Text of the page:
We first conclude, based on the evidence presented at the hearing, that the detectives did not elicit the two statements at issue with either direct questioning or "words or actions" that they should have known were "reasonably likely to elicit an incriminating response." Innis, 446 U.S. at 301. Detective Kopaczewski's credible testimony at the hearing was that the second statement immediately followed the detective's physical efforts to make the firearm safe, not any questioning. Likewise, Detective Marano's credible testimony at the hearing made clear that the fourth statement was not responsive to any questioning, but rather was a spontaneous response to Detective Marano's finding the crack cocaine packets in Mr. Daniels's pants. Moreover, we conclude without hesitation that neither Detective Kopaczewski's efforts to make the gun safe nor Detective Marano's showing the drugs to Mr. Daniels constituted actions that the detectives should have known was reasonably likely to elicit an incriminating response. Accordingly, we conclude that the second and fourth statements were not products of custodial interrogation, and the detectives were not required to give Mr. Daniels any Miranda warnings before the statements were made.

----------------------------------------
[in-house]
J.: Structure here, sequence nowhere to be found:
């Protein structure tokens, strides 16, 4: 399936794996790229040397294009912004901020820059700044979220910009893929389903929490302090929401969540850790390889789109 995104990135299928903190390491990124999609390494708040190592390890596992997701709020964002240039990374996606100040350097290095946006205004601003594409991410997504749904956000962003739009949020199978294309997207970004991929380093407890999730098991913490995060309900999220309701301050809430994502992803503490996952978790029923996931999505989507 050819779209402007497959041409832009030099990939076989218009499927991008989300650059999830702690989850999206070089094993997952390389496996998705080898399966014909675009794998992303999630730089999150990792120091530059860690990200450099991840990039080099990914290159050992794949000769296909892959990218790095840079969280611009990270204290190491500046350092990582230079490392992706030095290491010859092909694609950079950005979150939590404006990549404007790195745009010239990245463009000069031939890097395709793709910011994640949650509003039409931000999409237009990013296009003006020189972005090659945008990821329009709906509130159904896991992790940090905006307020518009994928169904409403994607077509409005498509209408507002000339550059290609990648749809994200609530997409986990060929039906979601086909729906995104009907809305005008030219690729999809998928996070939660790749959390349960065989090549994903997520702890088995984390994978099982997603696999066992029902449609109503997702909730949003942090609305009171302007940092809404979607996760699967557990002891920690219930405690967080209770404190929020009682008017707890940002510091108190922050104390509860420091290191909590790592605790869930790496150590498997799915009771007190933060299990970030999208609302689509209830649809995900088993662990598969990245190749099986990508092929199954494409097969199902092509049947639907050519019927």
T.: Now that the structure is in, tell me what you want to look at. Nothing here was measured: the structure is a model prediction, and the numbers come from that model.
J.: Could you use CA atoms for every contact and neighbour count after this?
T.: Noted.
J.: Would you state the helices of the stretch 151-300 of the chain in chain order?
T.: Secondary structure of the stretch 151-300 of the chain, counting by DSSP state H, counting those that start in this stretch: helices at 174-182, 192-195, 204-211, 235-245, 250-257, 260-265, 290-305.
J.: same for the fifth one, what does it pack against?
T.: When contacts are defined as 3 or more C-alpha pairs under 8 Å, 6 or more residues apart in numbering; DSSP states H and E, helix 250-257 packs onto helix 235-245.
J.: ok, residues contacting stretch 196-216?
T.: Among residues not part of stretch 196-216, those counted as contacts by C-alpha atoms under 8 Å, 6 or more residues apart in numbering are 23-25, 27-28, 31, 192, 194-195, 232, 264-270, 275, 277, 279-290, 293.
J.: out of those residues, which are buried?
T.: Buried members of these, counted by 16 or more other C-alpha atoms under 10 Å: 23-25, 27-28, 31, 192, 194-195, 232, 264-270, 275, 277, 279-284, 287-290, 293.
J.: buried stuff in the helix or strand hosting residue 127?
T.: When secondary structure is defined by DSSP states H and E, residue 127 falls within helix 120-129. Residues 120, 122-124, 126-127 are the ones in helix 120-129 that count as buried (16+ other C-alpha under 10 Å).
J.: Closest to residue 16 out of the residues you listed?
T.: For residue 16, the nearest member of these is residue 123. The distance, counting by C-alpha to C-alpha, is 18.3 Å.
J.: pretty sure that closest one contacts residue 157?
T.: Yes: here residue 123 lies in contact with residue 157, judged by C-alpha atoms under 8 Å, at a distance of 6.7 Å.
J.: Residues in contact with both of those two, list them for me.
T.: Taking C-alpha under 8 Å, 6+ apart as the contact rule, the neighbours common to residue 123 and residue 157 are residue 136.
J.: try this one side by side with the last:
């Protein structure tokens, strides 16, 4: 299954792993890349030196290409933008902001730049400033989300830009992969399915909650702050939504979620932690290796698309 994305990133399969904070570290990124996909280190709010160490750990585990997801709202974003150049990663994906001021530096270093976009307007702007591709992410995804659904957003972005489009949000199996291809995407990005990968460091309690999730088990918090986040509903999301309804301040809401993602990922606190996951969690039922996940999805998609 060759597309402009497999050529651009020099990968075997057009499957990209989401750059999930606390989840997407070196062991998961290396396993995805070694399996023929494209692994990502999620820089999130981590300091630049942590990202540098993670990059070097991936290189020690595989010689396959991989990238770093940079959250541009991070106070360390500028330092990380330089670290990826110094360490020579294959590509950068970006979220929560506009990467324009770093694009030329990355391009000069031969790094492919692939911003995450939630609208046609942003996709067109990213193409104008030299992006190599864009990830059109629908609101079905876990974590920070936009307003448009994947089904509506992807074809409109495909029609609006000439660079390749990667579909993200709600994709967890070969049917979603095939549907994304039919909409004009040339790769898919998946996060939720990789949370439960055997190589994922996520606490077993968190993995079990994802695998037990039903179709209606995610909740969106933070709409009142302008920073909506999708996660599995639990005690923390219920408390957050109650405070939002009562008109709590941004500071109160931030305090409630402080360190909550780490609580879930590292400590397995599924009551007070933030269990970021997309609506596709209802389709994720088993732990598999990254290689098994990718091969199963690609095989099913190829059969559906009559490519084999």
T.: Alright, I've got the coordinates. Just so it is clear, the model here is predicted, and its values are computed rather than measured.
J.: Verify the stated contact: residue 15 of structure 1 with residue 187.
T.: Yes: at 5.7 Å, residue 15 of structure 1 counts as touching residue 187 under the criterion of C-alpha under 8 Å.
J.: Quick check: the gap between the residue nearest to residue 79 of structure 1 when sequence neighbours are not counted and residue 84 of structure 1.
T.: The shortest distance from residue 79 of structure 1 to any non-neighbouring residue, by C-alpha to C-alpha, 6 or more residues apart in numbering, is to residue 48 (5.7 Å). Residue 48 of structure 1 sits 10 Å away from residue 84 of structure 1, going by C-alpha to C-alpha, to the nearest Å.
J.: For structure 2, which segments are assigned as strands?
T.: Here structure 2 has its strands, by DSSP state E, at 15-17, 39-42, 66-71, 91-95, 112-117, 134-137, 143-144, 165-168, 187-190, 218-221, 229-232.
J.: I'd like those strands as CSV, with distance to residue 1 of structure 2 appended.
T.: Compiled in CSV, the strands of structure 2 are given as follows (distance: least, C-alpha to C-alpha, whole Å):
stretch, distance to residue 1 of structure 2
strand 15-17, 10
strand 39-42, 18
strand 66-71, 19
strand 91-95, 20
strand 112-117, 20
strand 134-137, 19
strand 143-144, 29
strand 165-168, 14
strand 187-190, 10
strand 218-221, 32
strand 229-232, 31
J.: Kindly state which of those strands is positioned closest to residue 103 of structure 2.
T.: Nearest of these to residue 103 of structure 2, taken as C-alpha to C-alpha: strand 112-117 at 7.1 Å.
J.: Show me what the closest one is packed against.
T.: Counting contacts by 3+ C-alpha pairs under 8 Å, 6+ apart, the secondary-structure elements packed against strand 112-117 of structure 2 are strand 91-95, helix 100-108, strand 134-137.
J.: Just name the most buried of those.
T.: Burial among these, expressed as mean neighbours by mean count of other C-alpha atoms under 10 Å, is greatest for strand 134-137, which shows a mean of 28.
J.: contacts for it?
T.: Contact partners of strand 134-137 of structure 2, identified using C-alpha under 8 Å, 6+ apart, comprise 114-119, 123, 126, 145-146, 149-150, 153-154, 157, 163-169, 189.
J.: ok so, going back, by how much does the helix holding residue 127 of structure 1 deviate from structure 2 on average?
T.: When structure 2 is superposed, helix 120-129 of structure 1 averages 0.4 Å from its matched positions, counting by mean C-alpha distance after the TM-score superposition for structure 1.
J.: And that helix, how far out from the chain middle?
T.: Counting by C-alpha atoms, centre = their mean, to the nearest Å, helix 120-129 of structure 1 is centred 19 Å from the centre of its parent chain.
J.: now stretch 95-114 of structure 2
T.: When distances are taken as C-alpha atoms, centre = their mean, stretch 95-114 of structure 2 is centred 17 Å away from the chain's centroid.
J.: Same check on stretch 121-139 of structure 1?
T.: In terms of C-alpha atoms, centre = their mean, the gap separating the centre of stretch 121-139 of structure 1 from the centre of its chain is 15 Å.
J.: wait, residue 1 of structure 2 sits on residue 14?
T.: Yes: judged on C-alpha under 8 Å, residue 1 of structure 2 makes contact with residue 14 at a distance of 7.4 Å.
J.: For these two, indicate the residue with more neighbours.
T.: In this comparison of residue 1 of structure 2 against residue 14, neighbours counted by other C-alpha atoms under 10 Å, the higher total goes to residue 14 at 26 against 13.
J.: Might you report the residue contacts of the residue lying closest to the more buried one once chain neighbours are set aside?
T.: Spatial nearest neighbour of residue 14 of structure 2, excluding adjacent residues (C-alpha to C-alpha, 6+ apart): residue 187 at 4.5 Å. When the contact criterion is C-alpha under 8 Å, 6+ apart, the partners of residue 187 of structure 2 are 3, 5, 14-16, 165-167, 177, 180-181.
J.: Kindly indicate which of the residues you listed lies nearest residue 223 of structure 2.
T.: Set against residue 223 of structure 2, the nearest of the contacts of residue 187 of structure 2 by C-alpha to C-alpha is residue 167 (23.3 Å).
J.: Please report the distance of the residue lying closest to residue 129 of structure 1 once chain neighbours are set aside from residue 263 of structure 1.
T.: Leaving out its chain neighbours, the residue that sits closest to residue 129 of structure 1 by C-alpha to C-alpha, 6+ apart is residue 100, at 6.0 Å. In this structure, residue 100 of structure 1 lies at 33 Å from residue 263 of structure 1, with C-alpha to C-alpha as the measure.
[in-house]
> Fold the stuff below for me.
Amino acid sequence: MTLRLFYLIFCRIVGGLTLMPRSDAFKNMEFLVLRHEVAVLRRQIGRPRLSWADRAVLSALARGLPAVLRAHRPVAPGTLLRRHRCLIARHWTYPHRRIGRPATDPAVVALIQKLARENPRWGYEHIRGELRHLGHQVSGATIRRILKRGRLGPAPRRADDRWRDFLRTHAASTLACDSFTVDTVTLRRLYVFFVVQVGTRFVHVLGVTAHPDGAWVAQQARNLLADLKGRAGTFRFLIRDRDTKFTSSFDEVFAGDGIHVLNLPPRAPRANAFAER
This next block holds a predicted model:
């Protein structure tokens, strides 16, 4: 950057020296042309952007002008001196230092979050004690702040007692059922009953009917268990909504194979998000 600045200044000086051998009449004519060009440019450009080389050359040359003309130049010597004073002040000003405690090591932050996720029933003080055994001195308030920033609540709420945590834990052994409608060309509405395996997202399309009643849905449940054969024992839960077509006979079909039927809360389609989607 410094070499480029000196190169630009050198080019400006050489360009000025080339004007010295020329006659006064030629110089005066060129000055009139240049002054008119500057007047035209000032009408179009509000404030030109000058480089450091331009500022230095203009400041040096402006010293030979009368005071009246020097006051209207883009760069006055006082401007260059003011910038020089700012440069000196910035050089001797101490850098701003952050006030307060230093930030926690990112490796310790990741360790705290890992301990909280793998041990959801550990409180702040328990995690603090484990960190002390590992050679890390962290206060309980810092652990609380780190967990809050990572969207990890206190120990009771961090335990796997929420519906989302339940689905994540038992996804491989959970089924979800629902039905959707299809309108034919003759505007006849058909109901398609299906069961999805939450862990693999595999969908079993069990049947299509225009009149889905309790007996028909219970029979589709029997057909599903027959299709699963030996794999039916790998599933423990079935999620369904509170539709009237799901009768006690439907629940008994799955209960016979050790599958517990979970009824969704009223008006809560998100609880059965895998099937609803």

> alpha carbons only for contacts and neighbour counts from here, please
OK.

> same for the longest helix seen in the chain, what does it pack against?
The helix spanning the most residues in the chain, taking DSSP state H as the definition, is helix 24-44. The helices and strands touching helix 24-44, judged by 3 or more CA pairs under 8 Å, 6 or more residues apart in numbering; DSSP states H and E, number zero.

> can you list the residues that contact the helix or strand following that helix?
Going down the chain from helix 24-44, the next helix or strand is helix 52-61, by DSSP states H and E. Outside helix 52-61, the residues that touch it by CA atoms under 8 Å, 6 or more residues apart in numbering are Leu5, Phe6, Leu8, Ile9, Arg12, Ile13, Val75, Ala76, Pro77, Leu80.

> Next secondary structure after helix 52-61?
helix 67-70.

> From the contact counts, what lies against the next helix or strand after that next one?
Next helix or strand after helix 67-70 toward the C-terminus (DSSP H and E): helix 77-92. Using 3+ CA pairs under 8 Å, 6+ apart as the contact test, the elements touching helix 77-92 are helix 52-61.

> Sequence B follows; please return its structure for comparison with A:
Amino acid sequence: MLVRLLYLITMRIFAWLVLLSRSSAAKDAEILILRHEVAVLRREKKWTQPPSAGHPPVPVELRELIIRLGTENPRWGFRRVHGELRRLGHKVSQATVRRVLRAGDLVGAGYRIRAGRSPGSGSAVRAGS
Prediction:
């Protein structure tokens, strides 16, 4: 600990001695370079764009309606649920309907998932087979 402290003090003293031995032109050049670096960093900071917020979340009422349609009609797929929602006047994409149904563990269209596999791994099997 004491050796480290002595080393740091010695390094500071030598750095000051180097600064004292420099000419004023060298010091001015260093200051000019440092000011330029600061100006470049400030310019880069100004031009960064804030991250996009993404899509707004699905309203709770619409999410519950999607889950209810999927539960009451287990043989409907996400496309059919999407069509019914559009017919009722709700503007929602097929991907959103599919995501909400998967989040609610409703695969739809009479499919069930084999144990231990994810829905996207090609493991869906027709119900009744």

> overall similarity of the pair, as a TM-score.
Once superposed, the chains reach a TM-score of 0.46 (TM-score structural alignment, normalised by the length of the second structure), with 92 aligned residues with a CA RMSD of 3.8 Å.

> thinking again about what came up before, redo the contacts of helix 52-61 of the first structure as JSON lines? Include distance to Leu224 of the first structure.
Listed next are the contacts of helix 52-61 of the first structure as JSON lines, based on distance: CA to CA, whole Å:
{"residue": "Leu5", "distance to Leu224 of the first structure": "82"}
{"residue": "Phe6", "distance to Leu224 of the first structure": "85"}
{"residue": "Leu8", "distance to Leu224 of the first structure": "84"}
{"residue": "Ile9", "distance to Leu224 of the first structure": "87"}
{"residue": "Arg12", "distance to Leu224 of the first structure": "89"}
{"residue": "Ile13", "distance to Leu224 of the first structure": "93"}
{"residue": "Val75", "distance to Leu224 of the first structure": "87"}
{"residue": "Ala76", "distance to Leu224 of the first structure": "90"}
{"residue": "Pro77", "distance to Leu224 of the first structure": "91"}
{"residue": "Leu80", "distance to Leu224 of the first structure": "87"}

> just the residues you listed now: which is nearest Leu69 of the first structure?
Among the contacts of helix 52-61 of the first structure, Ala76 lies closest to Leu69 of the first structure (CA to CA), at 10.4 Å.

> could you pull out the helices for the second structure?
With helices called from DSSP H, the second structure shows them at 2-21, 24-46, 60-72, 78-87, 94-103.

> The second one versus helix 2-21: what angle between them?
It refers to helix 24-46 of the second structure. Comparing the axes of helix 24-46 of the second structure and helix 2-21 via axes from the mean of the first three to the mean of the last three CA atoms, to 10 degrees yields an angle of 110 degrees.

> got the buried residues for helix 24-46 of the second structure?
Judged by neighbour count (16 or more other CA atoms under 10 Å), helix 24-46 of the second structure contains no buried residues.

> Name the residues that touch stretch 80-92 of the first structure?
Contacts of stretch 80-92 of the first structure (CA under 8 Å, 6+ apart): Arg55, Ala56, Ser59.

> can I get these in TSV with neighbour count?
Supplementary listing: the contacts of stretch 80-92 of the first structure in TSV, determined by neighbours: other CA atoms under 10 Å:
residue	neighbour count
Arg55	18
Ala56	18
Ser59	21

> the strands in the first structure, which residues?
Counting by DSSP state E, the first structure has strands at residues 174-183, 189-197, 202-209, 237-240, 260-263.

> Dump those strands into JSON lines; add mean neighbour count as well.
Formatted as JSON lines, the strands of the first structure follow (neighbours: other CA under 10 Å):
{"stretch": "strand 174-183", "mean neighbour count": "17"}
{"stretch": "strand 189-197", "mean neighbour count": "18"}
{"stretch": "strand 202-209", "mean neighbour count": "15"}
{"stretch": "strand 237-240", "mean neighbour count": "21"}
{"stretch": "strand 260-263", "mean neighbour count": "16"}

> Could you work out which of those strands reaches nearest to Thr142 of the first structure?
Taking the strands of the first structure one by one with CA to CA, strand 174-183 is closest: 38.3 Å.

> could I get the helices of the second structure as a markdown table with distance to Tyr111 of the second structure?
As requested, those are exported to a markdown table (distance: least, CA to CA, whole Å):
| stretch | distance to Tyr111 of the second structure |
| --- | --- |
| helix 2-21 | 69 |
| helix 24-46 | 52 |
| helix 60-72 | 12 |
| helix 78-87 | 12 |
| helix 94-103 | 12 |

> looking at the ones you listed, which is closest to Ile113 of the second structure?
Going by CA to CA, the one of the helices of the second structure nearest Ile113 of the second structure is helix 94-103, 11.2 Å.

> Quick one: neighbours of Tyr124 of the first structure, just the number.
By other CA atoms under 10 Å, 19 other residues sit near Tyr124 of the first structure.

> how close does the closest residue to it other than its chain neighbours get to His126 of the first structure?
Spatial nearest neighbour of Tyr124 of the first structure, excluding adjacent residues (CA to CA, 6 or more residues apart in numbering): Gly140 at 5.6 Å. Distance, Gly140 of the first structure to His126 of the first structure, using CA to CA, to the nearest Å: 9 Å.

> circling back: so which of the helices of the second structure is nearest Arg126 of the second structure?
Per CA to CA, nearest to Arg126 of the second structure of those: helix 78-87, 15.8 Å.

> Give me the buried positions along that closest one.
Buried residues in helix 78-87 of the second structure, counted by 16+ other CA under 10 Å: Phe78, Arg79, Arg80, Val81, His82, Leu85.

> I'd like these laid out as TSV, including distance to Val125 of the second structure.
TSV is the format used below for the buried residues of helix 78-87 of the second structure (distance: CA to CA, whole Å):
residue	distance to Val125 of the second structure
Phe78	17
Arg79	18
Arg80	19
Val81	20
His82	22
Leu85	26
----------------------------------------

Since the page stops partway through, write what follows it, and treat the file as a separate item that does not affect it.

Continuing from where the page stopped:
Mr. Daniels also argues that the two statements at issue should be suppressed because they were not voluntarily made insofar as they were derived from the preceding Miranda violations. In support of this argument, Mr. Daniels primarily relies on a case from the United States Court of Appeals for the First Circuit, United States v. Byram, 145 F.3d 405 (1st Cir. 1998). The Byram court, employing a doctrine similar to the "fruit of the poisonous tree" doctrine, concluded that a second statement taken from a defendant after a preceding Miranda violation may be suppressed under certain limited circumstances. Id. at 409-11. Byram sets forth three factors that a district court should consider in ascertaining whether to suppress the second statement: (1) whether the initial Miranda violation was merely technical; (2) whether there is a substantial nexus between the initial violation and the subsequent statement; and (3) whether the subsequent voluntary statement is itself preceded by Miranda warnings. Id. at 409-10. According to Mr. Daniels, application of this test in the instant case must result in the suppression of the second and fourth statements, because the prior Miranda violations were not technical, the statements were "connected to the immediately preceding unlawful questions and concerned the same subject matter as the unlawful questions," and the latter statements, like the earlier ones, were not preceded by Miranda warnings. (Def.'s Suppl. Mem. at 4.)